Clearly, a more affluent China aspires to greater commercial influence in Asia—but what's wrong with that? Is Kaplan positing a showdown over limited global resources, not least oil and steel? If so, he doesn't say so explicitly, and this would be a very Malthusian interpretation of globalization in any case. Perhaps the only solution for the United States in that scenario would be to forcibly reduce Chinese consumption through blockade. More realistically, America's economic prosperity depends on the ability to participate in China's rapidly expanding economy, and to compete in East Asian markets for a share of the expanding commercial pie.

Kaplan's analogy between PACOM and NATO is strained. He argues that NATO was able to neutralize the Soviet Union by drawing it into the alliance system—an interesting reading of the end of the Cold War. Were the Soviets spent into submission by President Ronald Reagan's determination to rejuvenate the American military, or did they collapse under the weight of a central planning system ill equipped to cope with trends in Western capitalism?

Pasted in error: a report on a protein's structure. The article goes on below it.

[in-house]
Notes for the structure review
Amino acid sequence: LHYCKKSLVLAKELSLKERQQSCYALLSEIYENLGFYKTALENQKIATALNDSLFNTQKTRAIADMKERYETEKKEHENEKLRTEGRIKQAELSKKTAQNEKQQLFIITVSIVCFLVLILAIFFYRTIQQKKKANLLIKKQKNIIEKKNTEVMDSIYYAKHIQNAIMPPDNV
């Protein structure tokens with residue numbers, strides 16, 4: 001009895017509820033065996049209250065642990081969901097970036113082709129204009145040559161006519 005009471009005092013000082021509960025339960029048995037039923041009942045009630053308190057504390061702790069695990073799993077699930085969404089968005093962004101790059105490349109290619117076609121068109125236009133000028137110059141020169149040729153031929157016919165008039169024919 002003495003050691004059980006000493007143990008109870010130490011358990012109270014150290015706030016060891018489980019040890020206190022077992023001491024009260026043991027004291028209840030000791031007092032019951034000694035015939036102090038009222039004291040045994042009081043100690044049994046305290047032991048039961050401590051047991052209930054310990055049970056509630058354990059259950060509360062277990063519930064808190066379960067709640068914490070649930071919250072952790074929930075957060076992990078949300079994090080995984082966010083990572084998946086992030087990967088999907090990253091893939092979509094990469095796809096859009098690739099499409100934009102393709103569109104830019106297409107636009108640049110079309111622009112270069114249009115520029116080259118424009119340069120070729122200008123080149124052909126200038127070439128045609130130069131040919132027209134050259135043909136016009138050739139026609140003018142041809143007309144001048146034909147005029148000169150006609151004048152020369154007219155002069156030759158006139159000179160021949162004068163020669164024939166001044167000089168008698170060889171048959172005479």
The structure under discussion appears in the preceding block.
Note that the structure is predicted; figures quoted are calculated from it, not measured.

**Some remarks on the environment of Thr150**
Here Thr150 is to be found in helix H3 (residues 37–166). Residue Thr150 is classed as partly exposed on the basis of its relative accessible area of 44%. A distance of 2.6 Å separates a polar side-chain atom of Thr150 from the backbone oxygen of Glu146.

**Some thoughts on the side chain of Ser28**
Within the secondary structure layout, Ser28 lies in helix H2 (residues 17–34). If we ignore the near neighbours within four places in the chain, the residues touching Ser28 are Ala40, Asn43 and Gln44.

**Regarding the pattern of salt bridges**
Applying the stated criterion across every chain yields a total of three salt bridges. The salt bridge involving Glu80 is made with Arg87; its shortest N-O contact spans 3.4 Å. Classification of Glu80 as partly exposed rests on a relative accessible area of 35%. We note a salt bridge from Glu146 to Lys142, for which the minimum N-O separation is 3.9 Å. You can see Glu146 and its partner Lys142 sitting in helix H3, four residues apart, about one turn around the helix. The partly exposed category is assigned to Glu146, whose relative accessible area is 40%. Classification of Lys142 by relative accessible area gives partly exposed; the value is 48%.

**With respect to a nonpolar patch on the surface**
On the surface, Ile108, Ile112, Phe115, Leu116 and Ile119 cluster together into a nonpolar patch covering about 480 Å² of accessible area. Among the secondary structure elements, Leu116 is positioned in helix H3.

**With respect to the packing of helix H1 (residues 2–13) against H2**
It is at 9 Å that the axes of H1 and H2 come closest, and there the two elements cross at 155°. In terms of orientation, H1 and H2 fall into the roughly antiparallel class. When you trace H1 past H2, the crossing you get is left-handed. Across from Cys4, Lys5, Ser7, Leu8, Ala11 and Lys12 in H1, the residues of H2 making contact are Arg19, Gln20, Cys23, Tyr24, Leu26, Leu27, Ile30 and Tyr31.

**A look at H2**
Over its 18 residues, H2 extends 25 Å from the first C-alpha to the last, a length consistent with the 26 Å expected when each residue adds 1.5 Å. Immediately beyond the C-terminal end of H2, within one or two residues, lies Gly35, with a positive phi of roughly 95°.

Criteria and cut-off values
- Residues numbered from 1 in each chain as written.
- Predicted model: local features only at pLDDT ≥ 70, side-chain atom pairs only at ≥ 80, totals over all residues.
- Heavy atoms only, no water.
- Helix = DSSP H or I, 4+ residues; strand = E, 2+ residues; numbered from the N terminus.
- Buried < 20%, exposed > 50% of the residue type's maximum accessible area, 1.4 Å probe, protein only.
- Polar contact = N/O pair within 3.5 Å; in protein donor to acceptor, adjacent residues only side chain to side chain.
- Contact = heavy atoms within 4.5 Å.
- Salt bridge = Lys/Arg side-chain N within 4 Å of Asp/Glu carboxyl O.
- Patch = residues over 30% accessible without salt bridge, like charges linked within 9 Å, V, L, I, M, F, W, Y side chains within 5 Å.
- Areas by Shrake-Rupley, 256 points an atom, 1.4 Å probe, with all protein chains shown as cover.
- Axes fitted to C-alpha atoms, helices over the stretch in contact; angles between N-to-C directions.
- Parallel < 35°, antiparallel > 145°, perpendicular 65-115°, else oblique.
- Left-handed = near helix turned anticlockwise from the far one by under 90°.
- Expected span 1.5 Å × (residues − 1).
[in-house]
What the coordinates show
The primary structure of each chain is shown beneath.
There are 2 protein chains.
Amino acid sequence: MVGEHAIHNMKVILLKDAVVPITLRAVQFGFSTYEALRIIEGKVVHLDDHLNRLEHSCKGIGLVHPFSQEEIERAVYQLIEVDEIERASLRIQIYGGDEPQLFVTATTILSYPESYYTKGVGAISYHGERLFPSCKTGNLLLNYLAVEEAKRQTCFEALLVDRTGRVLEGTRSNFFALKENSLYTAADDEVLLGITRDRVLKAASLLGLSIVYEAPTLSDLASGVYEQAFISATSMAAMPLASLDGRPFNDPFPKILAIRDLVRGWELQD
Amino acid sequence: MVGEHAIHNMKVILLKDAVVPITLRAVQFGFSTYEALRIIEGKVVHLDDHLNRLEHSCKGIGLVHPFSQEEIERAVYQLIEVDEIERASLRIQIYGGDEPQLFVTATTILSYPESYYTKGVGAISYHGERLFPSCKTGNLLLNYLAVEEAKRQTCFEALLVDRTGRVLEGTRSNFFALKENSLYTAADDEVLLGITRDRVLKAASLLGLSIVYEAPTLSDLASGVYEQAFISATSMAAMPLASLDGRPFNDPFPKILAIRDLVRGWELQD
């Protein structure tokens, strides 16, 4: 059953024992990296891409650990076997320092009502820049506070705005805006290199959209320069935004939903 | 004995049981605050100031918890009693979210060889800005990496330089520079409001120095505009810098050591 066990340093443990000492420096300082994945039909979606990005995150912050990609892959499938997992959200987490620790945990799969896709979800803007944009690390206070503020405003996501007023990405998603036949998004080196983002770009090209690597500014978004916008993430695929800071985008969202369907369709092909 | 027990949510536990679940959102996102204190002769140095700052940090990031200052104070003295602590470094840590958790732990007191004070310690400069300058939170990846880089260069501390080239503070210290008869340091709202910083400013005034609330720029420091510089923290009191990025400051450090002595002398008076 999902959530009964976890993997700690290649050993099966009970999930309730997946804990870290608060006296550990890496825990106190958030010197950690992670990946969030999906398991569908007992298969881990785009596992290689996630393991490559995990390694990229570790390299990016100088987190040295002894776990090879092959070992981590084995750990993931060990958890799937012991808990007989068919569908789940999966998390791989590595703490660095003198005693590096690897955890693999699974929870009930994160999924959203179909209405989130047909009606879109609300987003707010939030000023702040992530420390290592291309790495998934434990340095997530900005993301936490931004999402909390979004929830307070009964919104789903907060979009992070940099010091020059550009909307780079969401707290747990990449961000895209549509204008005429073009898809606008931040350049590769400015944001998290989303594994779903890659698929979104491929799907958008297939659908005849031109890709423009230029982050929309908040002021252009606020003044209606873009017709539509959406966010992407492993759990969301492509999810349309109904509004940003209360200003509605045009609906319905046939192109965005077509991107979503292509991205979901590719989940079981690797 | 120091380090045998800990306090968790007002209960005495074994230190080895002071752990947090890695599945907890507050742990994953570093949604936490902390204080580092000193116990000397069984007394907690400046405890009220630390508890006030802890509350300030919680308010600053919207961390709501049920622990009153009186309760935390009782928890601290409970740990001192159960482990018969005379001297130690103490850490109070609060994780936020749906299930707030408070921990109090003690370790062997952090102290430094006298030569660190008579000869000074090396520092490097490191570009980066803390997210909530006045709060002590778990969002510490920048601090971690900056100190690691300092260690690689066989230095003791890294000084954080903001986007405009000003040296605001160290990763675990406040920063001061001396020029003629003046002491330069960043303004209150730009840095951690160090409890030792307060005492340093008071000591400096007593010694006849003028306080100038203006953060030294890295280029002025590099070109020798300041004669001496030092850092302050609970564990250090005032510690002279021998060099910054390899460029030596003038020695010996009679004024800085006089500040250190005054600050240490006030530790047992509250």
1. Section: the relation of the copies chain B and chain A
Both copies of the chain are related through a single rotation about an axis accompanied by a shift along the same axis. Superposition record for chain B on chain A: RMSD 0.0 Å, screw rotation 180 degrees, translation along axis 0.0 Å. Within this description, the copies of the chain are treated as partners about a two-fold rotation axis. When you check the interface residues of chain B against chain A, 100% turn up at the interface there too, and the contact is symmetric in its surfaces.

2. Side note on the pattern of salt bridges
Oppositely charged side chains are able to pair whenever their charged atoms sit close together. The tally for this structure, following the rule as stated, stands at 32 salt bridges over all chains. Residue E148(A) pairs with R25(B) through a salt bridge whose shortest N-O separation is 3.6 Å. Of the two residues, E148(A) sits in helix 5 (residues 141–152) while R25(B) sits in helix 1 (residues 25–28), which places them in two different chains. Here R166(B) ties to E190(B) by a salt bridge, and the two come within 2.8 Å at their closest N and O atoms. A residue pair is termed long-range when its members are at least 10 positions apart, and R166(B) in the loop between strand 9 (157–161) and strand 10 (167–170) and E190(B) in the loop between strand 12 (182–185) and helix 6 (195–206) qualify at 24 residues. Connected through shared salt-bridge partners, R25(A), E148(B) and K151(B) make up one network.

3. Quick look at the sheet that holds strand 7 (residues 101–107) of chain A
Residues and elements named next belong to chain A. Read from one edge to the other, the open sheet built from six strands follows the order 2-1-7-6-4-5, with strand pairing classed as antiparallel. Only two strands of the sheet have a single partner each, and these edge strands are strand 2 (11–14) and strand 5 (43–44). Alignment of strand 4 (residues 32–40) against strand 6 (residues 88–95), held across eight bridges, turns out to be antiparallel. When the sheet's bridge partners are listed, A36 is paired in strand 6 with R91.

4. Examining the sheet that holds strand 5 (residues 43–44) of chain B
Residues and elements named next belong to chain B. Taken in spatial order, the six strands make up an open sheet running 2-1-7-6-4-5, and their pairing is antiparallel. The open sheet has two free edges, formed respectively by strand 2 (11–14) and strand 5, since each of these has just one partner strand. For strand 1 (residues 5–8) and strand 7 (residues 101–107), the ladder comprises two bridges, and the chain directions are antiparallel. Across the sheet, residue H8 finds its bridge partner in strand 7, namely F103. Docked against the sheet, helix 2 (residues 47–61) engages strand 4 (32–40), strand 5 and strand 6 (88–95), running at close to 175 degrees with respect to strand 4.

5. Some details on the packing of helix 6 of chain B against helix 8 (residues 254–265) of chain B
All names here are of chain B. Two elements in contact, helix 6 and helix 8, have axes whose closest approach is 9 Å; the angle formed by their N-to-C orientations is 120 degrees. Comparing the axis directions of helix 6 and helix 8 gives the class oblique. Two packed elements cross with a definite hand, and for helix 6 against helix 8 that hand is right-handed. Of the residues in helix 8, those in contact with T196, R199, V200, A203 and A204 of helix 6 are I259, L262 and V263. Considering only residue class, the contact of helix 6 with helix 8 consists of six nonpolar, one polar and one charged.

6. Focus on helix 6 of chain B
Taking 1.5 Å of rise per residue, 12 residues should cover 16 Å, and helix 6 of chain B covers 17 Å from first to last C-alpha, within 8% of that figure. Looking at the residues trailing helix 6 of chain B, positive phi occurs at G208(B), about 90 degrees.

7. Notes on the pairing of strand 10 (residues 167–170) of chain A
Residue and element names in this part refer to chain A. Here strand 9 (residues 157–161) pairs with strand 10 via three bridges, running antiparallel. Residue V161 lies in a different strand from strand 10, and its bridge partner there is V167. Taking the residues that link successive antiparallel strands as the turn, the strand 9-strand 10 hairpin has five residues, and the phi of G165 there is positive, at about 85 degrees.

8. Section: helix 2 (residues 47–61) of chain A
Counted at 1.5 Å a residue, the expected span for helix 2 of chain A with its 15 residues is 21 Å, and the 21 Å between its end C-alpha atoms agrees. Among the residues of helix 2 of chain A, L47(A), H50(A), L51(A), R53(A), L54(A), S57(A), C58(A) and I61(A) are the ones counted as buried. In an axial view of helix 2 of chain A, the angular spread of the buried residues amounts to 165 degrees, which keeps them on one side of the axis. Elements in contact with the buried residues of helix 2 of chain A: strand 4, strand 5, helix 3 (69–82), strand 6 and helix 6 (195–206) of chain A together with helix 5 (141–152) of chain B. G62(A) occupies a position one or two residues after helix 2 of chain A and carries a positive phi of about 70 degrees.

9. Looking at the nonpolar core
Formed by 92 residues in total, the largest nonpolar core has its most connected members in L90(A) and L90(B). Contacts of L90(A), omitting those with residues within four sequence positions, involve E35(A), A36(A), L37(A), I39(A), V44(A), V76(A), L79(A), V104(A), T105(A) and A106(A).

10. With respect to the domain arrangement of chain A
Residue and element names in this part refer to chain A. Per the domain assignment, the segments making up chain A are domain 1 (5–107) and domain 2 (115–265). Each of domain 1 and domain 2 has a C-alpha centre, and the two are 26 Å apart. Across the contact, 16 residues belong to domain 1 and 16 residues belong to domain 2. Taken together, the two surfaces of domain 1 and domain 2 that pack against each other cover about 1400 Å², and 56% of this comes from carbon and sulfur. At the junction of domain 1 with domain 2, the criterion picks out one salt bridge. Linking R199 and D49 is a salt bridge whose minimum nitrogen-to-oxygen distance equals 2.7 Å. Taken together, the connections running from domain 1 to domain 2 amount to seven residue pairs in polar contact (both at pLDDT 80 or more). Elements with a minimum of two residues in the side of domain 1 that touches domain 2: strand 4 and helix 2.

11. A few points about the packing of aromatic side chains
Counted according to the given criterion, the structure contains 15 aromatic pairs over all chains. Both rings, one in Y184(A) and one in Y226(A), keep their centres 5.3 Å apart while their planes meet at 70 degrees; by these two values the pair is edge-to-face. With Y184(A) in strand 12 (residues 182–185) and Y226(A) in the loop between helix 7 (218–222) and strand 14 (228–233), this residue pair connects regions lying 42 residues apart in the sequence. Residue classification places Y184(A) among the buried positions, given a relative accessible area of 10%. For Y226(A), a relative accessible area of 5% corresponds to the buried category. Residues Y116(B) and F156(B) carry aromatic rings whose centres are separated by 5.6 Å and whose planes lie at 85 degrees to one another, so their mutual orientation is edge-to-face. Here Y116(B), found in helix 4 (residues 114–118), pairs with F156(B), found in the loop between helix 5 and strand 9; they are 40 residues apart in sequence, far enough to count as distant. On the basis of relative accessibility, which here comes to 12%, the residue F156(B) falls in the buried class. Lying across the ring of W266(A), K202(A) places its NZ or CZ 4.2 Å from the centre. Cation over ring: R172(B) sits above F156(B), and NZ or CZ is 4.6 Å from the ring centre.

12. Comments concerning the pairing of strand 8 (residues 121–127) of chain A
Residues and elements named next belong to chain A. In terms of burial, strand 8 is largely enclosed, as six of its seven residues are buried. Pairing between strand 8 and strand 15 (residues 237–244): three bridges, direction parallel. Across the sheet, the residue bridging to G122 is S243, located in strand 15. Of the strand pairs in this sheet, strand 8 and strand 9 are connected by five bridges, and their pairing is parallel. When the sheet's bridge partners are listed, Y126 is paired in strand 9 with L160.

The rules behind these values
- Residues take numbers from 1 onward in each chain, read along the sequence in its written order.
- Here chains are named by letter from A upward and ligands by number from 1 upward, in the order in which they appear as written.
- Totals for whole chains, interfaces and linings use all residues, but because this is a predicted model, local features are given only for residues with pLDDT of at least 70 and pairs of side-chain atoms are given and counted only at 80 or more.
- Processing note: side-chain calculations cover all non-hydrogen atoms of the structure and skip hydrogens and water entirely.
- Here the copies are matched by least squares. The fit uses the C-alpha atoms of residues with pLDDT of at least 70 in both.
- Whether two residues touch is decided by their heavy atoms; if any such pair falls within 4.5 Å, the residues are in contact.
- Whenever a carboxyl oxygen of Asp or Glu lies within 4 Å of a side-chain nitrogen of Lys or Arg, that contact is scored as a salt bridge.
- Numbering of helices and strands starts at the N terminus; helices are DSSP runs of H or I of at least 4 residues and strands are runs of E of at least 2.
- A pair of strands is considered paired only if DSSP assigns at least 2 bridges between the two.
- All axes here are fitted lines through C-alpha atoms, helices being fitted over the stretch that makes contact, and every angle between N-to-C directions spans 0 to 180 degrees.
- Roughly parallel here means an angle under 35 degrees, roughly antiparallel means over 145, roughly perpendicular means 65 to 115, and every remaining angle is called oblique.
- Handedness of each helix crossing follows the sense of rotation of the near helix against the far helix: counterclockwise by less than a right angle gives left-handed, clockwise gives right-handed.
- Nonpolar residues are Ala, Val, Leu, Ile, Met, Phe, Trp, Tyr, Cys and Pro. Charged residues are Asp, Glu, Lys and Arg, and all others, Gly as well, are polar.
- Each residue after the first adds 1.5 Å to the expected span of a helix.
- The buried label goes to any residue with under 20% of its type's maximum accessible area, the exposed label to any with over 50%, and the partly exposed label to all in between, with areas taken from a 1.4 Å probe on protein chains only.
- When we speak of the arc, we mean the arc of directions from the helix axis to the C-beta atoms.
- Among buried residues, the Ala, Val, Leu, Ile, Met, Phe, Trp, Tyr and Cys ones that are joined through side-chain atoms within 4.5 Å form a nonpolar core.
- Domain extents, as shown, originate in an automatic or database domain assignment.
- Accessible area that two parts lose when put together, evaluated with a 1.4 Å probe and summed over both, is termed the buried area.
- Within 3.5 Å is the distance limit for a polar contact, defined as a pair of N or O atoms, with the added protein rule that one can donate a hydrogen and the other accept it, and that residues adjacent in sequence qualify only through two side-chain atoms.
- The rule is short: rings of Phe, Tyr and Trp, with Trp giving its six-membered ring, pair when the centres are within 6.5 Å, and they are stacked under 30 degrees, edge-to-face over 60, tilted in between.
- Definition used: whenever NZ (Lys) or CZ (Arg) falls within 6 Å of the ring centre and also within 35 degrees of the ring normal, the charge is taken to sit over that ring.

The fundamental driver of Chinese foreign policy is not rapacious expansionism or Bismarckian realpolitik. Securing commercial access is undoubtedly important, but it is likely to remain in the sphere of soft power for the foreseeable future. Instead China's foreign policy can best be seen as an extension of its domestic politics, specifically in the ambition of the Communist Party to retain its pre-eminence despite the ongoing and wholesale transformation of Chinese society.

Kenneth Payne
London, England

I could not agree more with Robert Kaplan's point regarding China's acquisition of naval power and technology, especially submarine technology. However, I must take issue with the old saw that submarines are "the wave of the future," replacing the aircraft carrier. The submarine is the most stealthy vehicle ever created, conferring the nearest thing to perfect invisibility. But this stealth is very expensive; submarines, especially nuclear submarines, are extremely difficult to build and operate safely. Surface ships can do anything better and cheaper than nuclear submarines—except kill ships, including other submarines. Thus in naval warfare today submarines play the role of "fighter planes," attacking and defeating the enemy submarine force and clearing the way for the carriers—which act as the "bombers," projecting power against the enemy's land forces and installations.